The current ancillary study used a prospective nested matched case-control design to select 788 cases of incident HF and 788 controls. Plasma phospholipid SFAs were measured using gas chromatography. HF was self-reported on follow-up questionnaires and validated by review of medical records in a subsample. We used conditional logistic regression to estimate relative risks.
Mean age was 58.7±8.0 years. One standard deviation higher plasma phospholipid 16:0 was associated with an odds ratio (95% CI) of 1.20 (1.04, 1.38) controlling for established HF risk factors and other SFAs (p=0.042). However, this association was not significant after Bonferroni correction (p>0.008). We did not observe associations between other SFAs (14:0, 15:0, 18:0, 20:0, or 22:0) and HF risk (all p for trend > 0.05).
Our data suggested no association between plasma phospholipid SFAs and HF in US male physicians.
Saturated fatty acids; palmitic acid; heart failure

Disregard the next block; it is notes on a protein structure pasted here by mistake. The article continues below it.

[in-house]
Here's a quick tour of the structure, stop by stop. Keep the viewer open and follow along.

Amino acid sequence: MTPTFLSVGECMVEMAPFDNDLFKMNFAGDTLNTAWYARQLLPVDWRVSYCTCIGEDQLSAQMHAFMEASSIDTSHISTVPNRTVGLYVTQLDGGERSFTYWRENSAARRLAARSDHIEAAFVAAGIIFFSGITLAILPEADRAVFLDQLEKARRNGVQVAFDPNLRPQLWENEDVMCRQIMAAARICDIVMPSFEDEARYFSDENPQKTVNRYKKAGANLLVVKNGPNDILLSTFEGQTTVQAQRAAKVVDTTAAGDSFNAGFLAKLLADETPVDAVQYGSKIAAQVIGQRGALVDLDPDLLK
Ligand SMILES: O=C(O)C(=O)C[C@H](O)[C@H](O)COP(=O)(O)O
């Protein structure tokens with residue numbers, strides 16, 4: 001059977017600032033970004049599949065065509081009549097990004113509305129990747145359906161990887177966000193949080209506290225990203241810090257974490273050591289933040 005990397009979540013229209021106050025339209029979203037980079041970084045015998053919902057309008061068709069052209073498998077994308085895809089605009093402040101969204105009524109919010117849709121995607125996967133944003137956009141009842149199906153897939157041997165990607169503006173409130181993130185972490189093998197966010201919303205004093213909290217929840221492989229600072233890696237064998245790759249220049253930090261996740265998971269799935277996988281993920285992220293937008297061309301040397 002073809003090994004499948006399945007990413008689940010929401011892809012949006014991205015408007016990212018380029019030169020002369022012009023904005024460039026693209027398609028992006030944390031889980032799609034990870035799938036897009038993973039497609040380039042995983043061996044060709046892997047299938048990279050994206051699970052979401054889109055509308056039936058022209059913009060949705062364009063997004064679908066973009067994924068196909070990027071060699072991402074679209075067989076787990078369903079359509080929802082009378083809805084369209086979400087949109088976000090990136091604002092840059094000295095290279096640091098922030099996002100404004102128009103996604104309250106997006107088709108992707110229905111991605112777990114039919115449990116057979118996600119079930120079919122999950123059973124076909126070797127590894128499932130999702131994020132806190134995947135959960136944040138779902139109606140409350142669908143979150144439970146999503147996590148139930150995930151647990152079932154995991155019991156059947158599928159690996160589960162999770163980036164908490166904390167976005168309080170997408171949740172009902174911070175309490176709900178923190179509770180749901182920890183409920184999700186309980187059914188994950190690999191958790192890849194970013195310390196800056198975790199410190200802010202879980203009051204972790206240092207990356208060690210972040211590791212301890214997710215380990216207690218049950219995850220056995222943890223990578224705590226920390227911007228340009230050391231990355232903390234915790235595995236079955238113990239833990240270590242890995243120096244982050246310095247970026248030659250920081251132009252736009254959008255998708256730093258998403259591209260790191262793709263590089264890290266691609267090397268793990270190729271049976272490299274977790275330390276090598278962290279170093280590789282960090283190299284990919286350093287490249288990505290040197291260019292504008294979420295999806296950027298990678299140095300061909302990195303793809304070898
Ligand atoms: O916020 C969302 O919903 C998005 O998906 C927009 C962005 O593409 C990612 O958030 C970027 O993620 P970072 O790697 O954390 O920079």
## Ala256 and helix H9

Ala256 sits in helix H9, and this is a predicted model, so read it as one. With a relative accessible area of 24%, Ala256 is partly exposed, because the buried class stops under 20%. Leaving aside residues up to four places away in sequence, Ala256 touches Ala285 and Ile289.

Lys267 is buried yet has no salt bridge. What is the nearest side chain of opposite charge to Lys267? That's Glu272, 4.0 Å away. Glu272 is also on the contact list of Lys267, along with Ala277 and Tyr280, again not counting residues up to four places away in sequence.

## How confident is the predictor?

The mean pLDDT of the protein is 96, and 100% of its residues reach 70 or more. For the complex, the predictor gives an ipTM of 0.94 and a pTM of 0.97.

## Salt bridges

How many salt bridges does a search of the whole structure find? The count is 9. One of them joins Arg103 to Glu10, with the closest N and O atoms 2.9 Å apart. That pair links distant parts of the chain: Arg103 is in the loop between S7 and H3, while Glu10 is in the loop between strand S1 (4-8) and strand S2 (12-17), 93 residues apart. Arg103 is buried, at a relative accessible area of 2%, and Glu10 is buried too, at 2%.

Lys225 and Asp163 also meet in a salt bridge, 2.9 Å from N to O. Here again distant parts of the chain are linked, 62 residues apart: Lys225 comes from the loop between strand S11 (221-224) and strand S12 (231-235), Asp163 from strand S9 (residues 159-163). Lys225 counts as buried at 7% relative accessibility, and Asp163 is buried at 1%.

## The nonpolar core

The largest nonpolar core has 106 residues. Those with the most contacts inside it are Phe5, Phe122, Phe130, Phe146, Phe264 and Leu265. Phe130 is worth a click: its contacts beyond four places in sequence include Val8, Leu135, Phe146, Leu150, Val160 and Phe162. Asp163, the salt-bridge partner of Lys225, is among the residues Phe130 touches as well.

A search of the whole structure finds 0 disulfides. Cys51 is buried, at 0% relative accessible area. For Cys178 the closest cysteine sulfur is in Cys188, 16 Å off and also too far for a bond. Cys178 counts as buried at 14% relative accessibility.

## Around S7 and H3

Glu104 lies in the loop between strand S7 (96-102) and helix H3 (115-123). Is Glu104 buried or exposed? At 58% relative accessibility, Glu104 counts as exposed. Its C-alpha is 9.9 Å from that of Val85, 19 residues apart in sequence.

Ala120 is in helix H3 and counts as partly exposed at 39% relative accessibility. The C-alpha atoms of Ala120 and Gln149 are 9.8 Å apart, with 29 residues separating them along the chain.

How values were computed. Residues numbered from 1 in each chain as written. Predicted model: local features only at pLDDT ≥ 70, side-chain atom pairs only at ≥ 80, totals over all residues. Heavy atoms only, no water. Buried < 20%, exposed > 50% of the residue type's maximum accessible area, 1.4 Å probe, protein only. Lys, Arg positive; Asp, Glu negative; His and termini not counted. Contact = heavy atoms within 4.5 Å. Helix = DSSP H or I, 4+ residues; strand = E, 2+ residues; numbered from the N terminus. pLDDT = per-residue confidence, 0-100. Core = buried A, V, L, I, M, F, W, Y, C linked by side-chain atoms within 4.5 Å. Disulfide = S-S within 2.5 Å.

Previous studies suggest that vitamin D deficiency may contribute to the pathogenesis of heart failure (HF); however, limited data are available on the association of vitamin D binding protein (VDBP) – a major transport protein for vitamin D – with the development of HF. Thus, we investigated whether plasma VDBP is inversely associated with HF risk. Using a prospective nested case-control design, we selected 464 cases and 464 matched controls from the Physicians’ Health Study for current analyses. VDBP was determined using an enzyme-linked immunoassay. Self-reported HF was obtained through annual follow-up questionnaires and validated in a subsample via review of medical records. We used conditional logistic regressions to compute adjusted odds ratios. The mean age was 58.6 years and the median VDBP was 307.8 (IQR: 265.2–354.6) μg/mL. Plasma VDBP was not associated with HF in our study: OR (95% CI): 1.0 (ref), 1.05 (0.66–1.65), 1.28 (0.80–2.06), 1.07 (0.65–1.75), and 1.28 (0.76–2.15) across consecutive quintiles of VDBP, p for linear trend 0.41, after adjustment for matching factors, body mass index, diabetes, atrial fibrillation, hypertension, and high sensitivity C-reactive protein. In conclusion, our data showed no significant association between plasma levels of VDBP and HF risk in apparently healthy male physicians.